"Let me give you an example," he said. "I arrive in Cologne as the Archbishop of Abuja, and I want to meet the Archbishop of Cologne. The question I ask myself is, ‘Am I going to meet a brother archbishop?' Theoretically, theologically, of course I am. We are both successors of the apostles, we are both in charge of a whole group of Christ's faithful. But when I arrive in Cologne, I have to pass through the whole bureaucracy of the archdiocese before I can get an appointment to see the archbishop, if you are lucky enough to get one. That already confuses the whole situation. Even if the archbishop of Cologne wanted to relate to me as a brother, he has to make an extra effort."

Too often, Onaiyekan argued, church leaders in the West tend to look at developing countries as problems to be solved, rather than as partners in a search for solutions. He was also clear that the mentality he's describing is a two-way street; one can find it, he said, among some African prelates.

"Some of my colleagues go all over the place talking in a very subdued tone, painting a picture of a poor Africa that is totally helpless," Onaiyekan said. "They tell long stories of woe and the need to help us, and sometimes they may even exaggerate how bad things are in order to squeeze out a bit of water from the stony hearts of those to whom they are talking."

"I have never believed in that, never," he said, emphasizing and drawing out the word "never." He said his refusal to come hat in hand "has caused me a bit of problems here and there, but I believe it's also won me respect."

Onaiyekan's vision of how church leaders in the United States and in Europe should think about Africa is this: "It would be natural for the bishops of the Western world to be concerned about what's happening in the poorer countries, and to listen to the link between their affluence and our poverty. There is a link, and it is the job of the church all over the world to see how we can do something about this anomaly. But we must do this as brothers and sisters in one church, not as patrons in the West confronting objects of charity."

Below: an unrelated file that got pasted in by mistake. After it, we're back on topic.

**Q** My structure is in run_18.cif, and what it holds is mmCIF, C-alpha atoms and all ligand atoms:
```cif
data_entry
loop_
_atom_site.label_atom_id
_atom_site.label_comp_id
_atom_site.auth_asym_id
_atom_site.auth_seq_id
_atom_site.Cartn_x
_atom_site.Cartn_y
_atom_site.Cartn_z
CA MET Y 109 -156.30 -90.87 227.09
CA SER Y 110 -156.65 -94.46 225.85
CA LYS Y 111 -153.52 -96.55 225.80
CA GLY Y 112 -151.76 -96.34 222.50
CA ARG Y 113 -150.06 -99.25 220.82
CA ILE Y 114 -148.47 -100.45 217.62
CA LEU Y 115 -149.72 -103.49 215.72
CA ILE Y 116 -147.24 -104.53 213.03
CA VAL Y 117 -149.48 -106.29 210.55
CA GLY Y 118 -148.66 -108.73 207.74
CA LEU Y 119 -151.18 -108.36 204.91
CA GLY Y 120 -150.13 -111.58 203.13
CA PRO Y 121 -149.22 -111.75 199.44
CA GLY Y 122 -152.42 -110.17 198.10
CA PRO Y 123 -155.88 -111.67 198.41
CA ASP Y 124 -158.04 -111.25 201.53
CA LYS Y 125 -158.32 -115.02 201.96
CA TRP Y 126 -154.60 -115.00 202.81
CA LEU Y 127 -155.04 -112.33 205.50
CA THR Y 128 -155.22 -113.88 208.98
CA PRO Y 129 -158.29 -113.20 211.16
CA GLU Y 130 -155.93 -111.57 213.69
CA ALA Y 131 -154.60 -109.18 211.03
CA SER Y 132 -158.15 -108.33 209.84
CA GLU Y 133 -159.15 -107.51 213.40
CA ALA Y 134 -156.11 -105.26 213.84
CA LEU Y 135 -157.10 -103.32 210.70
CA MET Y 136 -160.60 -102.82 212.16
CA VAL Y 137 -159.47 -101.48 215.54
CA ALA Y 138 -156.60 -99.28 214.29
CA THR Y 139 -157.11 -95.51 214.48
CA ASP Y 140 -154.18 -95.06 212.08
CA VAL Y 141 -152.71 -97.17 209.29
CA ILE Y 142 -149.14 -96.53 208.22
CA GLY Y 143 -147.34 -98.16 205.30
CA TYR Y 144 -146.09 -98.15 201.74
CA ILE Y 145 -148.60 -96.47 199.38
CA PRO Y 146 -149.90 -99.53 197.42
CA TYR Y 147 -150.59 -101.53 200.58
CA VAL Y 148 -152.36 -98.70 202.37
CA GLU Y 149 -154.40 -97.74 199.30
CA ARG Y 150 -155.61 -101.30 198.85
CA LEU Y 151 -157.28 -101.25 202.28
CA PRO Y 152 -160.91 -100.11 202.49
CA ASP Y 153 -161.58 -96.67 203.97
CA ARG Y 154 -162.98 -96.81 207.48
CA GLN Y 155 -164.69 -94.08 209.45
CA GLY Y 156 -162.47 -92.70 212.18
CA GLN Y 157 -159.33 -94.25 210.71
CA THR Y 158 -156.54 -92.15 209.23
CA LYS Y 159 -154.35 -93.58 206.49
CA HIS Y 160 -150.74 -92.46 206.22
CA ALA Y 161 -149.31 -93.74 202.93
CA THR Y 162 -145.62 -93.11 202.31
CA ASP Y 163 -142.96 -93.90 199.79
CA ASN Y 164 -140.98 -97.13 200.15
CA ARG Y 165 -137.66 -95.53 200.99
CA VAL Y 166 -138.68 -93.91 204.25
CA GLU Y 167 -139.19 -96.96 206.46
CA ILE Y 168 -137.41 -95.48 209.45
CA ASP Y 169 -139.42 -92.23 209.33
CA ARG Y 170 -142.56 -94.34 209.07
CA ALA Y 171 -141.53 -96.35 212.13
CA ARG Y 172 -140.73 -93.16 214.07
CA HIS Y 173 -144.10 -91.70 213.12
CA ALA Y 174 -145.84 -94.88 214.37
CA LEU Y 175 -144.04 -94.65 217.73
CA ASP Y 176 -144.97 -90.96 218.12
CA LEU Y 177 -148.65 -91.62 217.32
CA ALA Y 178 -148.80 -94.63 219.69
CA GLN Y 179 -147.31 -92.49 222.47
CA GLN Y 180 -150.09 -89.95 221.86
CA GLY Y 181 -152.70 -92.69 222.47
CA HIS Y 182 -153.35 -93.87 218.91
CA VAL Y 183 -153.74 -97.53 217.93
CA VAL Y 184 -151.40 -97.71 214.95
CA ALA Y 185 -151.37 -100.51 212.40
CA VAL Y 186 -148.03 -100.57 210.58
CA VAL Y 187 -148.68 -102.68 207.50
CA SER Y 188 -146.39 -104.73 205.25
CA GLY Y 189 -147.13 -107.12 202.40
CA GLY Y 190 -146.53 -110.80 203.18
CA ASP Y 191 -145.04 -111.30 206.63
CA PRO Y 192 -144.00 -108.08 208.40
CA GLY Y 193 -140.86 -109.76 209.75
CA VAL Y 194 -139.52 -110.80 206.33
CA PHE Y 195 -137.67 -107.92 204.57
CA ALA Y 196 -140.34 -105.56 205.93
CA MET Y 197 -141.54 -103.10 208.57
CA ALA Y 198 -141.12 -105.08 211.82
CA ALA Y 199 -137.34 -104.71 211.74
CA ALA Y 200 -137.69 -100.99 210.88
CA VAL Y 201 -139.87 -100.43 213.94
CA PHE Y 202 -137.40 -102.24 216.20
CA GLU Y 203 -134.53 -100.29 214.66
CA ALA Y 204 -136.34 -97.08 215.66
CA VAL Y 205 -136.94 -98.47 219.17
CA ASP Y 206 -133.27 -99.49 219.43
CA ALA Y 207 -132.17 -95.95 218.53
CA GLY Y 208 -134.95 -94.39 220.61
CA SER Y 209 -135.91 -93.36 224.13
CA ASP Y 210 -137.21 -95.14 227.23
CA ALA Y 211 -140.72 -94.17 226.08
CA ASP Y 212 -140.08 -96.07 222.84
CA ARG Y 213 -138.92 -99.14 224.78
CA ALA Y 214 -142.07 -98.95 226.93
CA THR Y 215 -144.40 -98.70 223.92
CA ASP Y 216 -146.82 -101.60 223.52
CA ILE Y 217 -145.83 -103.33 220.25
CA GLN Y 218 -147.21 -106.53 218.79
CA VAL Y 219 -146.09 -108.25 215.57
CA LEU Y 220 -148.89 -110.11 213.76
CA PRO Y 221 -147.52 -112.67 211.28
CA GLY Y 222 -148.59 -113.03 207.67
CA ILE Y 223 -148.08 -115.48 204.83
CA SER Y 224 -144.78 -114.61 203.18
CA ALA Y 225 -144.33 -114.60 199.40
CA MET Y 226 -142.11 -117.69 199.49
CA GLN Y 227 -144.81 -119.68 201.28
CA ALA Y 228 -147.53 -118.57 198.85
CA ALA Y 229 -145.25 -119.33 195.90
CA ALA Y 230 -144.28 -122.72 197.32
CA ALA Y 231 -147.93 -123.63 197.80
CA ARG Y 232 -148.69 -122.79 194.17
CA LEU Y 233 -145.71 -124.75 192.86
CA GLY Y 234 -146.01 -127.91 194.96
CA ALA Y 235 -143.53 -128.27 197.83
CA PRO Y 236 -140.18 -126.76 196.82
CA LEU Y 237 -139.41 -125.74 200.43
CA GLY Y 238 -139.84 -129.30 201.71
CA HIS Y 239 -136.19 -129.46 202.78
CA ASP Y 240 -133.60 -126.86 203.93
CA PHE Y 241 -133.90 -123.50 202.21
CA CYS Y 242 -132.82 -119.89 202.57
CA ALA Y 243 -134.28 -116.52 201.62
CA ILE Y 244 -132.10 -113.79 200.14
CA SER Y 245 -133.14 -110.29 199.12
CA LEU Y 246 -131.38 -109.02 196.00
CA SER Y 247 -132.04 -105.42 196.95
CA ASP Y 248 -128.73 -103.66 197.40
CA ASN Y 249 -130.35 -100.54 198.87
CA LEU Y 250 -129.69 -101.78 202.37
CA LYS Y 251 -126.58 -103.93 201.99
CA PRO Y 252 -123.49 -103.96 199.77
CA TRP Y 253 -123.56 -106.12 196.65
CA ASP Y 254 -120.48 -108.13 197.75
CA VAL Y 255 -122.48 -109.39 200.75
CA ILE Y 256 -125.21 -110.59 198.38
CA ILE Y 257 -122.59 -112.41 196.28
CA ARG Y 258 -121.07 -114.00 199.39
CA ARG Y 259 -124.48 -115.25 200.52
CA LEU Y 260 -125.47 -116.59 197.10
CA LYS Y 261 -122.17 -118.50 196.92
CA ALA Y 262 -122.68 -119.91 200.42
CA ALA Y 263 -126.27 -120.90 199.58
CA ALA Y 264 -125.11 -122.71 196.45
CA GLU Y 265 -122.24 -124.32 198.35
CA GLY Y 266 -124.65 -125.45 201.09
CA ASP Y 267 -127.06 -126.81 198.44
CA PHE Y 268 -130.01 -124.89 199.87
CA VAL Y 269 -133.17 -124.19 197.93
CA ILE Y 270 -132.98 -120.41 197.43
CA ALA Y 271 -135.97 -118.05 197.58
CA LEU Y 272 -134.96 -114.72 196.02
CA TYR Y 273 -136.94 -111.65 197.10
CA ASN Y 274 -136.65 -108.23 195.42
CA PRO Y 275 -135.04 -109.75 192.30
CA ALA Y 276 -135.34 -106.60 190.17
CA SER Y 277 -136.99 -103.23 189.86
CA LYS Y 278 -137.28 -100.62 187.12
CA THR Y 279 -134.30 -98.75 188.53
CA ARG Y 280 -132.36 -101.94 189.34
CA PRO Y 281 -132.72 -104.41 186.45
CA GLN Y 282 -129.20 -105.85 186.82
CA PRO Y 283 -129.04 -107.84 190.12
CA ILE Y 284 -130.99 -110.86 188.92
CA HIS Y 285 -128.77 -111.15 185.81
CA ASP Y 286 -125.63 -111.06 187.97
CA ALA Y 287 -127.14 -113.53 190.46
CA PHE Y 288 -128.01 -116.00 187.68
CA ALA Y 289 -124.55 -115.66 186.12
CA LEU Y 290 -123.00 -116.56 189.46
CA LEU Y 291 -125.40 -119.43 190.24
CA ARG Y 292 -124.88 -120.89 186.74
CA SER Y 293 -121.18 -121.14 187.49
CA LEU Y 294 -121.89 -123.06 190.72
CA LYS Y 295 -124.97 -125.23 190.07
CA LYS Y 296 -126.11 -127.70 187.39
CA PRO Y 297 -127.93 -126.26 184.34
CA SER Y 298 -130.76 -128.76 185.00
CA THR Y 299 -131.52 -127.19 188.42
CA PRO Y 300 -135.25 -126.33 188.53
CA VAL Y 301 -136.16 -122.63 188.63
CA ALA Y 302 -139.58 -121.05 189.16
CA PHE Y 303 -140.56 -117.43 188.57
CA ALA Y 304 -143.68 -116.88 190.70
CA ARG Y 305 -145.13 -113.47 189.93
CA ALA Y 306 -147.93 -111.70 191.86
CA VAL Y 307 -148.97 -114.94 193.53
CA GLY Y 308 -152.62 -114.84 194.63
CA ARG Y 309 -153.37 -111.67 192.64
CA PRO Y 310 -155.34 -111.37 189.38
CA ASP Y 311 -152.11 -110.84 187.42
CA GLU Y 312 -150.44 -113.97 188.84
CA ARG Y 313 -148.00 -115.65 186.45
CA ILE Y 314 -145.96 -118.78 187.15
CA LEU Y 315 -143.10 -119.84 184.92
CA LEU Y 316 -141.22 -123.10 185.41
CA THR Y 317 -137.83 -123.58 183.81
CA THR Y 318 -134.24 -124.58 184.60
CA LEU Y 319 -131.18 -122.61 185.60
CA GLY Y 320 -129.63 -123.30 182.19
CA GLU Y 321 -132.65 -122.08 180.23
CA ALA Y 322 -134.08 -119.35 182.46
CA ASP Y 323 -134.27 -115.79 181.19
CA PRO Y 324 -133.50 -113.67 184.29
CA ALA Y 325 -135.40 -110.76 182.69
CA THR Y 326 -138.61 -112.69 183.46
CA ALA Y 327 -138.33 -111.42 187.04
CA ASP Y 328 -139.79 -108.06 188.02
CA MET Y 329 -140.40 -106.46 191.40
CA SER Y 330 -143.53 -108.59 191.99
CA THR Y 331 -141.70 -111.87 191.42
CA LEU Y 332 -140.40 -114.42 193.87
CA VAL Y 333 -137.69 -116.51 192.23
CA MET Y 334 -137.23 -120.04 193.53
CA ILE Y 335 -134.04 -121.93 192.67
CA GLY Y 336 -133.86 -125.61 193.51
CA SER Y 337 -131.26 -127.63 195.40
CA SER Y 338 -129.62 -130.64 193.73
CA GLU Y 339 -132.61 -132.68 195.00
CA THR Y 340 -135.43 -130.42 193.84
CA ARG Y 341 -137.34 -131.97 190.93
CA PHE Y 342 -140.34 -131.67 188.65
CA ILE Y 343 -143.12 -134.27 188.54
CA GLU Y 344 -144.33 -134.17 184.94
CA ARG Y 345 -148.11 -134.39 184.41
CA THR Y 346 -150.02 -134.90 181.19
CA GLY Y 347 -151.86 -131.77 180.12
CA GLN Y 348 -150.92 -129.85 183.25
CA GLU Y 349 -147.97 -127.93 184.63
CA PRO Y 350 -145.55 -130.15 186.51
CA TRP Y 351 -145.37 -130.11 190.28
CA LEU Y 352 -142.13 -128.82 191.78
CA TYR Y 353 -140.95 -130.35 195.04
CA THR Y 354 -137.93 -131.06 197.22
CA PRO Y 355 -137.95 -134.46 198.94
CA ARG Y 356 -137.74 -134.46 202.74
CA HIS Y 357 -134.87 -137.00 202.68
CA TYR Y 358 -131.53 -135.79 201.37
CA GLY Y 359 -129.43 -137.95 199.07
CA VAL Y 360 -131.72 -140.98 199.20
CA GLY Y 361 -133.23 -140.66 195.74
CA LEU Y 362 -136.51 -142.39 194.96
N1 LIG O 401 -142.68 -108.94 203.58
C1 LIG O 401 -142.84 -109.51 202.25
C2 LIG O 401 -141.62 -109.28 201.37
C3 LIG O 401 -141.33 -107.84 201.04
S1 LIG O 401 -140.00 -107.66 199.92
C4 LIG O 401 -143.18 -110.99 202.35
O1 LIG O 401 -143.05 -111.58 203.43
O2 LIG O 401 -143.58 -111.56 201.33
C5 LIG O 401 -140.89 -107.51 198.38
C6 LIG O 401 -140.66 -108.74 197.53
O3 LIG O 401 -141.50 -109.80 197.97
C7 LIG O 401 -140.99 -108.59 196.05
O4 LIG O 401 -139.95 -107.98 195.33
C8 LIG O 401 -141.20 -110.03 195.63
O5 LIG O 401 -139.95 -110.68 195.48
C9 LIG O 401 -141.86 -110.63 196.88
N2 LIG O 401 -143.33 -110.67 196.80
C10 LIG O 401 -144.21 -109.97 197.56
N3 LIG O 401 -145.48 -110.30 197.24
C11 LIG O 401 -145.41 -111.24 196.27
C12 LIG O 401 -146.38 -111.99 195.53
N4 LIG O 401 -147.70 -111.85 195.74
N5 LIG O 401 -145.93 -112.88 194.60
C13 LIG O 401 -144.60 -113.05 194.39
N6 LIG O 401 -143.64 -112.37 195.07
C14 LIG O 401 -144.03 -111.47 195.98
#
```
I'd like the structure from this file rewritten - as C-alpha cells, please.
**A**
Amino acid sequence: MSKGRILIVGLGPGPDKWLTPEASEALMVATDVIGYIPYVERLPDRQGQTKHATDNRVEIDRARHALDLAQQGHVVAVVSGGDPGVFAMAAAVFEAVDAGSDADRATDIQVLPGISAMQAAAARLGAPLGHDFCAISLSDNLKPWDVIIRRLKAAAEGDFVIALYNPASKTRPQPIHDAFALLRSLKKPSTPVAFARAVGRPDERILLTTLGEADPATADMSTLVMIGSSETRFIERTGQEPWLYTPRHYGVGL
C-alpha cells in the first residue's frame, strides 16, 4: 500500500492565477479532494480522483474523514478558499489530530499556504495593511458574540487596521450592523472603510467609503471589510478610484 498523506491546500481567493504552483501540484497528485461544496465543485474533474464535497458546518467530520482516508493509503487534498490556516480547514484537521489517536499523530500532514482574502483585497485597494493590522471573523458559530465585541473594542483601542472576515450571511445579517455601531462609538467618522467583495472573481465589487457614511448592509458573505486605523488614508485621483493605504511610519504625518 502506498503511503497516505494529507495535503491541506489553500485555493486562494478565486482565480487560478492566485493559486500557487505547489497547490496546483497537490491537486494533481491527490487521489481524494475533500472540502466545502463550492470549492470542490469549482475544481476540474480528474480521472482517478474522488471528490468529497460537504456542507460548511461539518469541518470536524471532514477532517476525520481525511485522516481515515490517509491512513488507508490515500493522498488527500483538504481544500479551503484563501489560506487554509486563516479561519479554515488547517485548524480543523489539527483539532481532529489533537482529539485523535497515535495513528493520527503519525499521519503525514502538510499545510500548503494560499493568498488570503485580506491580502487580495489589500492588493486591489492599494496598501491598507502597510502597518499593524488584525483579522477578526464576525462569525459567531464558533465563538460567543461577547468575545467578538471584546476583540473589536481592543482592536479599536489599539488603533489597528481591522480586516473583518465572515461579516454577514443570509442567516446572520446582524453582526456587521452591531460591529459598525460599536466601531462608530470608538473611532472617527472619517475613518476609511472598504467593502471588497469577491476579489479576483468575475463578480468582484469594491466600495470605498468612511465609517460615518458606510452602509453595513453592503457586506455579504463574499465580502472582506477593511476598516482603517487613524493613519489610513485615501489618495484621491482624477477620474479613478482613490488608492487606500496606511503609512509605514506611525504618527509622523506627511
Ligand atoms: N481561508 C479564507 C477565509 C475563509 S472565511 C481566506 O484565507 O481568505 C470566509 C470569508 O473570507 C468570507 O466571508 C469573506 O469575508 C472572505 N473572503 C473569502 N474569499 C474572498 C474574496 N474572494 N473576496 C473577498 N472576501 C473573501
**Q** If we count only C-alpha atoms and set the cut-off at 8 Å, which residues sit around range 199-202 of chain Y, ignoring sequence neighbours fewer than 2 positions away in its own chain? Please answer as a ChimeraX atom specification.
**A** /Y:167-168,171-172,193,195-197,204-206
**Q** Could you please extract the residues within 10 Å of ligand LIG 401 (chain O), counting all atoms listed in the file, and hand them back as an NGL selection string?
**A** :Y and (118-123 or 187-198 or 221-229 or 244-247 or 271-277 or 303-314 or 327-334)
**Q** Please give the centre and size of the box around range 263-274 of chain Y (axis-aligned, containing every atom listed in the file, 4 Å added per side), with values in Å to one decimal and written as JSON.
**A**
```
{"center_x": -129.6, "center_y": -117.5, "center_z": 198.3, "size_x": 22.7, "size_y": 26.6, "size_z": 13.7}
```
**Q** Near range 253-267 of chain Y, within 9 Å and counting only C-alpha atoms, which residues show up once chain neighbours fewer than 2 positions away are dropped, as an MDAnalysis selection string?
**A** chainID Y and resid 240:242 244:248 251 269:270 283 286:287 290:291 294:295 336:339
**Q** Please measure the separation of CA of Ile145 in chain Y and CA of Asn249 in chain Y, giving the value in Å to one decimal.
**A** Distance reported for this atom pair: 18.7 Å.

* * *

Now for some local color from Cameroon.

1.tAfrican liturgy

Without any doubt, Africans know how to stage a Mass. Quite aside from its spiritual significance, the liturgy at Amadou Ahidjo Stadium in Yaoundè on Thursday was a blast. It featured some of the most infectious singing, dancing, and music I've ever witnessed, along with the sensation of being among 40,000 people who were genuinely happy just to be in one another's company.

The depth of faith felt in that stadium was remarkable.

I was reminded of a similar experience I had in Mexico City, during the canonization Mass of Juan Diego, which also featured exuberant local music and dance. One hard-bitten agnostic from network TV who was hanging out with me in the press area whispered: "If they did it this way every Sunday, even I would show up!"

To be sure, African rhythms of worship can take a little getting used to. Organizers positioned the press corps adjacent to some of those lucky enough to draw seats close by the papal altar. One minute, they were chiding us for talking too loud and telling us to put out our smokes; the next, they were gyrating and singing so loudly we couldn't hear ourselves think. Before long, however, we got the hang of it.

Here's a rave review: The first bus back to the hotel for the press corps during a papal Mass leaves right after the homily, since that's usually the "newsy" part of the event. Generally people get antsy to leave because they have stories to file, but in Yaoundè, the Mass was so entertaining that a few of us lost track of time and almost missed our ride.

2.tDiscovering Cameroon

After a few days in Cameroon, one can begin to understand why many people grudgingly tolerate Biya's regime, despite its flaws. Especially by the standards of West Africa, Cameroon is peaceful, tolerant, orderly, and relatively developed. (One example: At the papal Mass, I was surprised to discover that my laptop picked up a strong wireless signal, which is more than I can say for some papal events in Europe I've covered over the years.)